Motherhood took a lot of adjusting for me. I’d been living a booze-fueled life for as long as I could remember. But my daughter became the change I never knew I wanted. Luckily, my relationship with her musician-by-night, electrician-by day-father survived the earth shifting beneath our feet and four years later, we were ready to “try” and have another baby.
Having your first baby is not really scary. Well, it is in some ways (like ‘holy shit how am I going to not take shots for nine months?! Are you effing kidding me??’) But you don’t exactly know what to expect and I mean that in a good way. The fist time pregnant moms I meet (and once was) are generally so blissed out on picking baby names and paint colors that the stark reality of parenting is so so so incredibly far off.
I don’t mean this negatively at all. It’s exactly where you want to be when you’re expecting for the first time and it’s a warped reality we should all allow these mamas-to-be (hopefully none of whom are reading this). But no one wants to hear about how they are never going to sleep again or how their lives will change so much more than they could ever wrap their prenatal heads around. NO ONE. And they won’t believe you anyway so don’t even try. It comes off kind of mean, as do labor horror stories. I remember confidently not batting an eyelash thinking, “well, that won’t happen to me.” Or, “I’ll train my kid to sleep the right way’ and most importantly, “it’ll be FINE. People have babies all the time!”.
I totally remember thinking, ‘I can’t wait till this baby comes, then I’ll actually be able to get some sleep!’ BAH. Then I was awake for days between labor and delivery and our hospital because who can sleep in a hospital between nursing and visits and people coming in every hour or two to check you. Then I got home and never slept again. Well, never through the night again. Pretty much. My kid is four and still comes in at least twice a night, once because she needs to potty and once because “I just love you too much” and how can you argue with that at 3 am? Even though it’s so not as cute at 3 am as it sounds now but still kind of cute. Kind of.
There was a long, long period of time when I thought baby two would never be. I didn’t have that call to procreate. In fact, I’d never ever felt it, not in the slightest and I sort of doubted I ever would. But then the word “never” started to catch up with me. When my daughter was 3 1/2 I started realizing that if I didn’t want kids more than five years apart, now was the time. Like, yesterday was the time. I really did want her to grow up with a sibling, not that I believe that is the best or only way to raise kids. I think only children can be quite content. There is actually a lot of research that says many are better adjusted and are less lonely later in their lives because they’ve grown accustomed to entertaining themselves. And financially, we’d be able to do more for one child than for two. There were a lot of practical reason to only have one kid and really only one reason to have more.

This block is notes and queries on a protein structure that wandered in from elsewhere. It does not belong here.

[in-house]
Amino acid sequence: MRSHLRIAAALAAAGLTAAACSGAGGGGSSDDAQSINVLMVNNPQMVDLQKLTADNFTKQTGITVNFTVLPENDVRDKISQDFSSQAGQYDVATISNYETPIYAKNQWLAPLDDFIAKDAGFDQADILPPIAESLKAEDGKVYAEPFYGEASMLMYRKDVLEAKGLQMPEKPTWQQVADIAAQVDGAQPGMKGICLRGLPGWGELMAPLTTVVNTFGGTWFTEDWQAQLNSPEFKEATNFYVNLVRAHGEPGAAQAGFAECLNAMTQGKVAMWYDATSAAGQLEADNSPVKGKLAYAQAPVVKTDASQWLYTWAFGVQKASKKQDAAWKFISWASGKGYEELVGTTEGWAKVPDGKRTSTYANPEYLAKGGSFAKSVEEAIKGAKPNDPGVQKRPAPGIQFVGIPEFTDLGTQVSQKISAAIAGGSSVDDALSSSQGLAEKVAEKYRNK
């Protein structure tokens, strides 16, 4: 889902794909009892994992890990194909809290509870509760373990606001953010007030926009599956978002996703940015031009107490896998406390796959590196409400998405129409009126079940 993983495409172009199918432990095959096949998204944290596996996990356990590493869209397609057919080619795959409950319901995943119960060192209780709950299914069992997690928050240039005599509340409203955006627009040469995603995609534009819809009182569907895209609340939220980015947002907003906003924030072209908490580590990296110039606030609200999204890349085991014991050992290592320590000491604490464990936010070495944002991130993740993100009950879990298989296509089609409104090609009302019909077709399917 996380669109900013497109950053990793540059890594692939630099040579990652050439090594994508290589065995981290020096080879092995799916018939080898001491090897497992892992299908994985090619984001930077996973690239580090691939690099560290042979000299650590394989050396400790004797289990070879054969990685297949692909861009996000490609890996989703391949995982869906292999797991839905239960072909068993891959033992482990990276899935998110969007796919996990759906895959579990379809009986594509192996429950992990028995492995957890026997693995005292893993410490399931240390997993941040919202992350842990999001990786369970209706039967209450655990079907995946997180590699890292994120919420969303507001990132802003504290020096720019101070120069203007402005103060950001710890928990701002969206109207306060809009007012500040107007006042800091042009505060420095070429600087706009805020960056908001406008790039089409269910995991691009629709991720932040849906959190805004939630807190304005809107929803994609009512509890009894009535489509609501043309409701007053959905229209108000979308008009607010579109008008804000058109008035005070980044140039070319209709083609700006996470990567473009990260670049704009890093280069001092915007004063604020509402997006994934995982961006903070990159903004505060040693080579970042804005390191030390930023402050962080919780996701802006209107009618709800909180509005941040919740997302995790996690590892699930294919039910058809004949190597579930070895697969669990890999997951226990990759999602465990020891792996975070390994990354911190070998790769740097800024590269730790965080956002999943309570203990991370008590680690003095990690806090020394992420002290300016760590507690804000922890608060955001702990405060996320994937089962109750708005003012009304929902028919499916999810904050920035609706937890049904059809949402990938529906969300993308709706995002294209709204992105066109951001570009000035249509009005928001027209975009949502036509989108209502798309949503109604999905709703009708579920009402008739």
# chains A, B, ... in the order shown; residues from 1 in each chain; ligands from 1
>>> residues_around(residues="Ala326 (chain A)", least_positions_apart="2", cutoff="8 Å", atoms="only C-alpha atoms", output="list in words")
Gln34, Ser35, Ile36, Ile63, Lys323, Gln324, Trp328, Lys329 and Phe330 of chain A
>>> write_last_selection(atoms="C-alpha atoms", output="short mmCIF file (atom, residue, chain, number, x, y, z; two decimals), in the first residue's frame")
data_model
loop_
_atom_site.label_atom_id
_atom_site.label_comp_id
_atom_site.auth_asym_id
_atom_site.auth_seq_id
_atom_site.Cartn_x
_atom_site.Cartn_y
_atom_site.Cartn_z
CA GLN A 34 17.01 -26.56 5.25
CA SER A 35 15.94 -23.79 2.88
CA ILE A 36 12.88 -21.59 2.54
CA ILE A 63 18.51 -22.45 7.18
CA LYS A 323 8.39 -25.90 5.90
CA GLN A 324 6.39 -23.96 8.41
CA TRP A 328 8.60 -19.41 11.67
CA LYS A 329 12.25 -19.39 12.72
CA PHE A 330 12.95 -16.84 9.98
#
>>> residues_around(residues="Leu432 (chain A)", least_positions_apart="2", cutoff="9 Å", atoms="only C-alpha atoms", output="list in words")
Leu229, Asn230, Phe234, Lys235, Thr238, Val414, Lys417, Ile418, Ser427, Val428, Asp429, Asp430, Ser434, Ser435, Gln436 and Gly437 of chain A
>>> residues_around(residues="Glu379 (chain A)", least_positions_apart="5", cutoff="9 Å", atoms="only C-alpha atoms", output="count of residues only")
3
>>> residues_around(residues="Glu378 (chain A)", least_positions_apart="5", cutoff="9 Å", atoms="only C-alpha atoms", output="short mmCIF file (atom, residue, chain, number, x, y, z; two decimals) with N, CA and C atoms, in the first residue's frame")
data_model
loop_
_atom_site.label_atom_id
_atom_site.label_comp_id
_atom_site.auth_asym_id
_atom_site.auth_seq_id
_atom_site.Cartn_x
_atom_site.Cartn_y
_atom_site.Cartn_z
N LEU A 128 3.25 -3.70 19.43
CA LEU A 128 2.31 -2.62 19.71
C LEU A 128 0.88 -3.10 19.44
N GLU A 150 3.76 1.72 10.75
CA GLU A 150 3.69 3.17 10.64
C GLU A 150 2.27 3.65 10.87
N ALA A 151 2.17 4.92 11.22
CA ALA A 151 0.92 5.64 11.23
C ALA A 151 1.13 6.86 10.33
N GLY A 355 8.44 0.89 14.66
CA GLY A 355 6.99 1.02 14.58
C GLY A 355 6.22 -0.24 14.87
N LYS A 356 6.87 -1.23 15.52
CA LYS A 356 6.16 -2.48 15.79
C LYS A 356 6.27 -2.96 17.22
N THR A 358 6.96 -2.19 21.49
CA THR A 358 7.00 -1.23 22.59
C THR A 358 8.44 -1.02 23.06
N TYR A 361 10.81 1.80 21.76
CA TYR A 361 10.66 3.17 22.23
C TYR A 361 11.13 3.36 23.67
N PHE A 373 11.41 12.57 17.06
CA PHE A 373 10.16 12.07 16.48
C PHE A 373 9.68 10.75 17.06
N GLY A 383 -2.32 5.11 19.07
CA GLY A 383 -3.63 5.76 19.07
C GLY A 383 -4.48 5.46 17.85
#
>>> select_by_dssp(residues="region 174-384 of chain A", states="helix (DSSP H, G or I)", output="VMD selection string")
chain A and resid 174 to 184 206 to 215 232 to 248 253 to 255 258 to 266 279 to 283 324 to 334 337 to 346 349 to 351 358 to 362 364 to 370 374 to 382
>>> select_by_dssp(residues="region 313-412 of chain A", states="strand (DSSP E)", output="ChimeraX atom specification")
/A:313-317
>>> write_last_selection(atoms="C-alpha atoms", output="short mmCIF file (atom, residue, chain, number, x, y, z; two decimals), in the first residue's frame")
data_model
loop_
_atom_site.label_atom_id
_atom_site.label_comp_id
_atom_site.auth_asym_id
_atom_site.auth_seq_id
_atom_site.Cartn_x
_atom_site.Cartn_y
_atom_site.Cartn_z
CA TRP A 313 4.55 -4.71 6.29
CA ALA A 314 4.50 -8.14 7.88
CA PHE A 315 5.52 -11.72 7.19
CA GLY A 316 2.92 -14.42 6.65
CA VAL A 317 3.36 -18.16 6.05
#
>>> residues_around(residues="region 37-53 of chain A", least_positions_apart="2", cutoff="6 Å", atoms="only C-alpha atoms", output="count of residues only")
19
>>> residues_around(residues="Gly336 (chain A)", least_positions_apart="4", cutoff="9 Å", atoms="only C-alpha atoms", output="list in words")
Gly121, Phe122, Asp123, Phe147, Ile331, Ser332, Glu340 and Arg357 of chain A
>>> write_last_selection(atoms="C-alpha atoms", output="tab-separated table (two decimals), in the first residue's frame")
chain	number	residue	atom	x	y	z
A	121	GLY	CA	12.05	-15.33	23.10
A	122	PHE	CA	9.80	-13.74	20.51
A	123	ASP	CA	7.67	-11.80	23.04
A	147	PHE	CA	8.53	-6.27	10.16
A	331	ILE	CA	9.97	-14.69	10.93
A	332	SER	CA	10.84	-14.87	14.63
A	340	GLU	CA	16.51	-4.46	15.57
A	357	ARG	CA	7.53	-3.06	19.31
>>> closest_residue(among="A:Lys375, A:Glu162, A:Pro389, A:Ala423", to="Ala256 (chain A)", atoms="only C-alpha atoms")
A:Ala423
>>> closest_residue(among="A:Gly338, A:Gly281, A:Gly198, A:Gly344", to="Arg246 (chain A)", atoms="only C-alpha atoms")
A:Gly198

I didn’t feel done.
So we jumped. Leapt. I really feel that this time, like it was a giant leap of faith. Because I have so much more fear and anxiety about having a second baby than I did a first. Knowledge is not always power. Knowledge can be a mean, evil taunter. It reminds me how hard it is to be awake all day and then all night with a new baby who nurses constantly and retain any level of brain activity. It reminds me how difficult it is to do simple things like get dressed or shower or eat a sandwich with an infant attached to your boob. It reminds me that everything I own will be soon covered in baby vomit once again and how I’ll feel guilty about doing almost anything that doesn’t involve nursing, swaddling, rocking or playing. Oh, and how getting poop in your mouth is really not all that abnormal. Plus, this time I’ll be doing it all while wrangling my OTHER kid and trying to remain some semblance of a work/life/mamahood balance. Uhhhhh. Whaat.
Sure, I know how to warm a bottle and I know the The Five S’s (swaddle, shhhing, sucking, swinging, side/stomach, OKAY FINE I just googled them because I forgot). But ignorance is also totally bliss and knowledge is also totally frightening. Apparently, women’s bodies produce a hormone that makes them forget the pain of labor and the difficulty of new parenthood. I read that somewhere but I mean, it must be true because we just keep doing it over and over and over again. But I think my body missed that hormone. I make too many of the pukey kinds and not enough of the forgetting kind.
So I do what any fearful, sane mama-to-be (again) does.
I smile, OM, and tell myself “it’ll be fine, people have second babies all the time.”